Interval Matching

Each meshing scheme in Trelis imposes a set of constraints on the intervals assigned to the curves bounding the entity being meshed. For example, meshing any surface with quadrilaterals requires that the surface be bounded by an even number of mesh edges. This constrains the intervals on the bounding curves to sum to an even number. For a collection of connected surfaces and volumes, these interval constraints must be resolved globally to ensure that each surface will be meshable with the assigned scheme. The global solution technique implemented in Trelis is referred to as interval matching.

When meshing a surface or volume, matching intervals is performed automatically. In some cases, interval matching needs to be invoked manually, for example when meshing a collection of volumes, or a collection of surfaces not in a common volume. Interval matching can also be called to check whether the assigned intervals and schemes are compatible.

The command syntax for manually matching intervals is the following:

Match Intervals {Surface|Volume|Body|Group} <range>

Here the entity list can be any mixed collection of groups, bodies, volumes, surfaces and curves.

The interval matcher assigns intervals as close as possible to the user-specified intervals, while satisfying global interval constraints. The goal is to minimize the relative change in pre-assigned intervals on all entities. Interval matching only changes curves with interval firmness of soft or default .

Extra constraints can be added by the user to improve mesh quality locally; in particular, curves can be constrained to have the same intervals using the command

Curve <range> Interval {Same|Different}

Specifying that curves have the "same" intervals stores them in a set. More curves may be added to an existing set, and sets merged, by future commands. The current contents of the affected sets are printed after each command. A curve may be removed from a set by specifying that its intervals are "different."

The interval assignment algorithm tries to find one good interval solution from among the possibly infinite set of solutions. However, if many curves are hard-set or already meshed, there may be no solution. To improve the chances of finding a solution, it is suggested that curves are soft-set whenever possible. Also, a solution might not exist due to the way the local selections of corners and sides of mapped surfaces interact globally. If there is no solution, the following command may help in determining the cause:

Match Intervals {Surface|Volume|Body|Group} <range> [Seed Curve <range>] [Assign Groups [Only|Infeasible]] [Map|Pave]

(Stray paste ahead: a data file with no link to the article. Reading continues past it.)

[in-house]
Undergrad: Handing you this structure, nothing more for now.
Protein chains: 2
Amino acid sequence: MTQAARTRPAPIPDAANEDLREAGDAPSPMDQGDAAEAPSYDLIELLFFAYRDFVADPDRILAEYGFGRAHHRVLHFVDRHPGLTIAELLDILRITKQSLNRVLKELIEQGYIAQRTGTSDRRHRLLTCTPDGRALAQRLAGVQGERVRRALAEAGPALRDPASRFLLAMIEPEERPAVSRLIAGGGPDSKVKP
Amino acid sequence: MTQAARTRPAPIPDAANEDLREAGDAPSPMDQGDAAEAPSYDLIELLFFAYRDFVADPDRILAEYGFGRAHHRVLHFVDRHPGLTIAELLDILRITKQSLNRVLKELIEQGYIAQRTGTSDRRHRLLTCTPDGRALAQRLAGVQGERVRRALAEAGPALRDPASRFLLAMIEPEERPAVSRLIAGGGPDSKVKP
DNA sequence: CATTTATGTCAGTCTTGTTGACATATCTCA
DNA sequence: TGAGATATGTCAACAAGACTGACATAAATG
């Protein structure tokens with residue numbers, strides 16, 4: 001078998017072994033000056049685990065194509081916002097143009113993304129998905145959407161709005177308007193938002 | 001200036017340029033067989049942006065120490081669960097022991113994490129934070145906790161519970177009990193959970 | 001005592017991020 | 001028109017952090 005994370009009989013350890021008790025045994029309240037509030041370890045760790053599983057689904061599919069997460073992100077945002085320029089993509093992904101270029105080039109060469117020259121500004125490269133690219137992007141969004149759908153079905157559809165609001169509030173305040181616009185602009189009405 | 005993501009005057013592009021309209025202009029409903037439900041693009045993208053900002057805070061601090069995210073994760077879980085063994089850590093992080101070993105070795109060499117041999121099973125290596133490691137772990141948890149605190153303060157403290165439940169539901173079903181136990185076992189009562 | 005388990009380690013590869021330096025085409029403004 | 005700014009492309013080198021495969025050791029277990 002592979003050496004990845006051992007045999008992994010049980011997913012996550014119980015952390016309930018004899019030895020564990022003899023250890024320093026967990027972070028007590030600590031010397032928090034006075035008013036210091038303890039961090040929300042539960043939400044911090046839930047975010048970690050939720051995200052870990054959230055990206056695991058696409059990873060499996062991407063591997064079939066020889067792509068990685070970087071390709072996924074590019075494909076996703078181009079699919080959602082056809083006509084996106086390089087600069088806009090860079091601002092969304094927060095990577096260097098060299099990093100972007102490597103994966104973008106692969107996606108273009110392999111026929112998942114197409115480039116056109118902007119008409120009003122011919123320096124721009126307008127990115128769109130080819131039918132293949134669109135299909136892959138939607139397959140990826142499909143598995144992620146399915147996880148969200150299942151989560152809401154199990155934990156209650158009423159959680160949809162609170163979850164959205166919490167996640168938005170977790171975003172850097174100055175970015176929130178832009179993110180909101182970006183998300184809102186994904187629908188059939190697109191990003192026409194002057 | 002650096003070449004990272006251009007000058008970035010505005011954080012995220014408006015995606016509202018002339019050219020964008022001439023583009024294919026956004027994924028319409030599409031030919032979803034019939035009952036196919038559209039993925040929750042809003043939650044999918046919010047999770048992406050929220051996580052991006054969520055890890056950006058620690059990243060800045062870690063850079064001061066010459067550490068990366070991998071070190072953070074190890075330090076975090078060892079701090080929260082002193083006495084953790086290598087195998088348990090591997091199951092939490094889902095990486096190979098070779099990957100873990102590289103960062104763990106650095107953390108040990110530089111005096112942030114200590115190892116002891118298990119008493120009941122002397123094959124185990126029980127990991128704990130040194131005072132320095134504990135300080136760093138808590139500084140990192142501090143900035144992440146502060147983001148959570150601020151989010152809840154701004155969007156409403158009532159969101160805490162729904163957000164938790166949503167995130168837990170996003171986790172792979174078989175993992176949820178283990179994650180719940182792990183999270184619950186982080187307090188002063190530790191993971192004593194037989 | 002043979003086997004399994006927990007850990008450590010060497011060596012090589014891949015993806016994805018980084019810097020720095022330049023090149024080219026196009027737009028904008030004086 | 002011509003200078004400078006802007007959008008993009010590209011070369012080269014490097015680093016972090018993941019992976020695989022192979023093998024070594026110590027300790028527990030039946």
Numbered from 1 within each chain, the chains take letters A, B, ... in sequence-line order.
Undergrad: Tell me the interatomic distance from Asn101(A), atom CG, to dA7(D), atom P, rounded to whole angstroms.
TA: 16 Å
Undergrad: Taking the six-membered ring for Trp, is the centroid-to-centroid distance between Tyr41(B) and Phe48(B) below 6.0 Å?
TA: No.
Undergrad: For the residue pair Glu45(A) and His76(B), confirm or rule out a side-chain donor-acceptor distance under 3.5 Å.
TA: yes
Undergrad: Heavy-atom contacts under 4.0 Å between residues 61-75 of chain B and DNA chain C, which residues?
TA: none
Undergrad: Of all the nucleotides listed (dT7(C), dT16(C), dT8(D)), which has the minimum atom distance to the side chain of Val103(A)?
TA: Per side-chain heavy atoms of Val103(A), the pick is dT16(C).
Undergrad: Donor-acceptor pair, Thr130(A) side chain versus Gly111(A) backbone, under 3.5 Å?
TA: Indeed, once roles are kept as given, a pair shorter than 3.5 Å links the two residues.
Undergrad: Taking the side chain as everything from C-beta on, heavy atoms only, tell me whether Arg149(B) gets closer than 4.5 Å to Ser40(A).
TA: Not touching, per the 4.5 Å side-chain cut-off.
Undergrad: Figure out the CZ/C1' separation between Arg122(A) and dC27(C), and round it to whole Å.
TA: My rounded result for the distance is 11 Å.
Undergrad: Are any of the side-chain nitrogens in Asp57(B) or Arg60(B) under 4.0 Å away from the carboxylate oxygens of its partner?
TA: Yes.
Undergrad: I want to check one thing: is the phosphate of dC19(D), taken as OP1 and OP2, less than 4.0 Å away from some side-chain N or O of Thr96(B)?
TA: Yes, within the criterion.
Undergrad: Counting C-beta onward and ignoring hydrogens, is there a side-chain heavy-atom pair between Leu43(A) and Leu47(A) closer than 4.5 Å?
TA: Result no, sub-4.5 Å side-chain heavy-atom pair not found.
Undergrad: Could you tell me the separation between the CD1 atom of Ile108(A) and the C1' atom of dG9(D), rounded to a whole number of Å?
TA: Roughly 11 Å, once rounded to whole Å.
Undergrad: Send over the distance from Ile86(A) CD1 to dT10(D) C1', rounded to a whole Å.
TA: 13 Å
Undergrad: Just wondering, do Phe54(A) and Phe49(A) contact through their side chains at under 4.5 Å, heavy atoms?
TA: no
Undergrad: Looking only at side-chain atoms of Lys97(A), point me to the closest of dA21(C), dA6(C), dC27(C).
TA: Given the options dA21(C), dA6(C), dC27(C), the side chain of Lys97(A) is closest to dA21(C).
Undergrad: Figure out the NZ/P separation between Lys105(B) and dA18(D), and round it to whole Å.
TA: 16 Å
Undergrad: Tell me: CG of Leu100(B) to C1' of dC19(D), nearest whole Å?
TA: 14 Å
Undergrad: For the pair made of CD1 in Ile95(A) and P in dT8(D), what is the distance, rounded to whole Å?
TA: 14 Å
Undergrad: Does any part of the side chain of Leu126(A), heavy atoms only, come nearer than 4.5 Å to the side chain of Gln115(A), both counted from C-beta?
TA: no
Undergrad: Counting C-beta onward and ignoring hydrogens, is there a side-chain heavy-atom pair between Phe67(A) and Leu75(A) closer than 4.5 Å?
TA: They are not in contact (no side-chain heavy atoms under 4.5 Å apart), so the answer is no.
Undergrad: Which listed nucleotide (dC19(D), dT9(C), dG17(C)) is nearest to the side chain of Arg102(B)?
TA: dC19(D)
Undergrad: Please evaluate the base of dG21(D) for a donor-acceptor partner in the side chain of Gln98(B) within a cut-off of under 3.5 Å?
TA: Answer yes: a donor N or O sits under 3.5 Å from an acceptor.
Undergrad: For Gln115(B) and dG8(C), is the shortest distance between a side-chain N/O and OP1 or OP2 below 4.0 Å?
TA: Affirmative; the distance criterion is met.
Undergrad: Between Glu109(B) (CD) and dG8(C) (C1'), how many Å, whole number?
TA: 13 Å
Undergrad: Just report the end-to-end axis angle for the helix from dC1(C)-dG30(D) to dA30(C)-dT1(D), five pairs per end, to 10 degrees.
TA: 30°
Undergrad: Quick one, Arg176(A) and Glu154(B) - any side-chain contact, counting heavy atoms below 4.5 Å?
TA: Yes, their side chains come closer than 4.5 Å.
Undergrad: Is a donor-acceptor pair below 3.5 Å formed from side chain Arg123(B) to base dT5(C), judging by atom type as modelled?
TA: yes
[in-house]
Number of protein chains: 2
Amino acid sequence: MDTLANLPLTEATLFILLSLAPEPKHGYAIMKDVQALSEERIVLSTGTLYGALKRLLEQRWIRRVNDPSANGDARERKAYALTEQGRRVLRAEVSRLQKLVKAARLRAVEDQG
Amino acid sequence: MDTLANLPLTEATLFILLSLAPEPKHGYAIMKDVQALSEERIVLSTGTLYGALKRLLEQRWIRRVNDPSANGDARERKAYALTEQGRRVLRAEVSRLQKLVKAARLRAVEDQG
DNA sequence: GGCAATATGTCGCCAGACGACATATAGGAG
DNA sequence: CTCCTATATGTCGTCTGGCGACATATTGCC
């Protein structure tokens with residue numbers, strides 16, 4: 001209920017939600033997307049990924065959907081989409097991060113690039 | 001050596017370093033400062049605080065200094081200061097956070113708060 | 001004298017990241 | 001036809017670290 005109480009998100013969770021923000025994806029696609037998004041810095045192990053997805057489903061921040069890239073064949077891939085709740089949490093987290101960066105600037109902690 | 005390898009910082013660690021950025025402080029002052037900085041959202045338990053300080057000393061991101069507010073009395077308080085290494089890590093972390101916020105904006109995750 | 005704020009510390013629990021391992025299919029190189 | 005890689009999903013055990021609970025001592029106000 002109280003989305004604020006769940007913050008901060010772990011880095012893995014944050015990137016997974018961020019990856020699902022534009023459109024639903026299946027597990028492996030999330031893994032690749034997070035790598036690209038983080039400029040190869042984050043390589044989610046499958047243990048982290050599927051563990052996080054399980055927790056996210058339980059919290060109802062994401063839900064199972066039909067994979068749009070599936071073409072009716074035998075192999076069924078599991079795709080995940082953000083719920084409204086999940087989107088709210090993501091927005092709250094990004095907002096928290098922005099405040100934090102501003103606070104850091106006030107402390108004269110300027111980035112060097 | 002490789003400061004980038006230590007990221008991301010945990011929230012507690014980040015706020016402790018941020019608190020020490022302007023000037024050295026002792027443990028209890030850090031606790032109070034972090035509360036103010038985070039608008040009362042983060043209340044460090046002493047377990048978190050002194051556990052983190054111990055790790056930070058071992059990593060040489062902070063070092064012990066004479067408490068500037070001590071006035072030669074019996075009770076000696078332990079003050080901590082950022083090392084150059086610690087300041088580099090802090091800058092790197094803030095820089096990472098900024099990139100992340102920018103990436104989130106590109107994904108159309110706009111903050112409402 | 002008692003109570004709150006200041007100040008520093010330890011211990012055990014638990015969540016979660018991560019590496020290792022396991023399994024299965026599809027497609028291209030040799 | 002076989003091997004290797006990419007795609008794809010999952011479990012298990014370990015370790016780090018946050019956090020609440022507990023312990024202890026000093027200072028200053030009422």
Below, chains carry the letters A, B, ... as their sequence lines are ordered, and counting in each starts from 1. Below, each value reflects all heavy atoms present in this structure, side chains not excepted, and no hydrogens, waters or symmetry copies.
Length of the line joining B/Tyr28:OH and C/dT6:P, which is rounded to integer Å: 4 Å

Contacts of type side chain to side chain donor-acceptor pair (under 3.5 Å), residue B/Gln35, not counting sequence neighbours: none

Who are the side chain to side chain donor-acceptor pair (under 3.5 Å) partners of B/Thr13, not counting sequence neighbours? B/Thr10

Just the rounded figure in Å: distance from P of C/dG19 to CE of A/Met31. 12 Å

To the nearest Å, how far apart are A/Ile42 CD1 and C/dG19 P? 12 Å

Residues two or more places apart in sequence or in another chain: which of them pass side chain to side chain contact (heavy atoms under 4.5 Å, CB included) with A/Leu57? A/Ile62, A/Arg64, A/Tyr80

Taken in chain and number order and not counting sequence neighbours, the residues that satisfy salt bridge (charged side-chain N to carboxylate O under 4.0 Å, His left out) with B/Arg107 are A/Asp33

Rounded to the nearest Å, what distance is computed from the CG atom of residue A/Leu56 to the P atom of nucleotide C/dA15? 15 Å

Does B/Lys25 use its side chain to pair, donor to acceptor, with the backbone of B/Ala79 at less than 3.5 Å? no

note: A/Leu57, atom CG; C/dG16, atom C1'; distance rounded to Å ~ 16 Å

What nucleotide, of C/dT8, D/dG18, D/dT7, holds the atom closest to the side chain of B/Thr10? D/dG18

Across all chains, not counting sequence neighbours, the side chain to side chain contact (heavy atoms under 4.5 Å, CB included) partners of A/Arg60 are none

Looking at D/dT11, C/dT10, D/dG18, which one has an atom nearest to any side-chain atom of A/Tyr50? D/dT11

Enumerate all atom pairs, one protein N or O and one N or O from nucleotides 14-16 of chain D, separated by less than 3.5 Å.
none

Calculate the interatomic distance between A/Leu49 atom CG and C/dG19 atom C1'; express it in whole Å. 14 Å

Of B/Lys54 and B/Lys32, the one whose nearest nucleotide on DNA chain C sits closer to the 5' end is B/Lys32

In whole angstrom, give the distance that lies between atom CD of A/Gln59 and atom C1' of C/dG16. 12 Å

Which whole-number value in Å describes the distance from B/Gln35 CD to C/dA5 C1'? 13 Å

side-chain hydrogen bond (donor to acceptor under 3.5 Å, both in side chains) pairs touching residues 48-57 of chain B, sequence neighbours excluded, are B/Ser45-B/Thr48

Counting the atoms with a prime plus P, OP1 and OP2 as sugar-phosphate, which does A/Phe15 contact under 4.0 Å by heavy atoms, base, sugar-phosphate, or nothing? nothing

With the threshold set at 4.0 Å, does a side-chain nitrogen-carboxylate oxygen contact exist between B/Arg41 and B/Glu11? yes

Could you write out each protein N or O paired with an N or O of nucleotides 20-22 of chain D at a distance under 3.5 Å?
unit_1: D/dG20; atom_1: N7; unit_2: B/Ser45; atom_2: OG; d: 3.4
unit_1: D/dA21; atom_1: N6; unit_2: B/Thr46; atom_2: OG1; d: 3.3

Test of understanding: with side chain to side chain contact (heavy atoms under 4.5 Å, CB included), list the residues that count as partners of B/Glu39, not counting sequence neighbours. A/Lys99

Specifying Assign Groups will create groups that contain independent subproblems of the global problem. Specifying Assign Groups Only will group independent subproblems, but the algorithm will not attempt to solve these subproblems. Assign Groups Infeasible will put each independent subproblem with no solution into specially named groups. Often poor corner choices and surface meshing schemes will be illuminated this way. If Map or Pave is specified, then only subproblems involving mapping or paving constraints will be considered. If a Seed Curve is specified, then only those subproblems containing that curve will be considered.

Advanced users may also wish to experiment with setting the following, which may change the interval solution slightly:

Set Match Intervals Rounding {on|off}

Set Match Intervals Fast {on|off}

Set Match Intervals Delta <interval_difference = 0.>

If set match intervals rounding is set to on, the intervals will be rounded to the nearest integer. If the setting is off, the intervals will be rounded toward the user specified intervals.

If set match intervals fast is set to off a single curve will be fixed per iteration. Note in rare cases this may produce better meshes. If set match intervals fast is set to on multiple curves will be fixed per iteration.

Set match intervals delta allows the number of intervals assigned to a curve to be delta intervals away from optimal unexpectedly. A larger value makes matching intervals faster, but the quality of the solution may be worse; Hint: try delta = 1.0. Default is 0.0.

The user can also constrain the parity of intervals on curves:

{Curve|Surface|Volume} <range> Interval {Even | Odd}

If Even is specified, then during subsequent interval setting commands and during interval assignment, curves are forced to have an even number of intervals. If the current number of intervals is odd, then it is increased by one to be even. If Odd is specified then intervals may be either even or odd. Setting intervals to even is useful in problems where adjoining faces are paved one by one without global interval assignment.

Rather than specifying a specific size or interval for a curve or surface, which may overconstrain the interval matcher, you can specify an upper and lower bound that is acceptable. This would typically be used in a complex assembly where there may be multiple intervals that may interact in order to get a compatible mapped/swept mesh through the assembly.

Surface <surface_id_range> {Interval|Size|Periodic Interval} {Lower|Upper} Bound {On|Off|<bound>}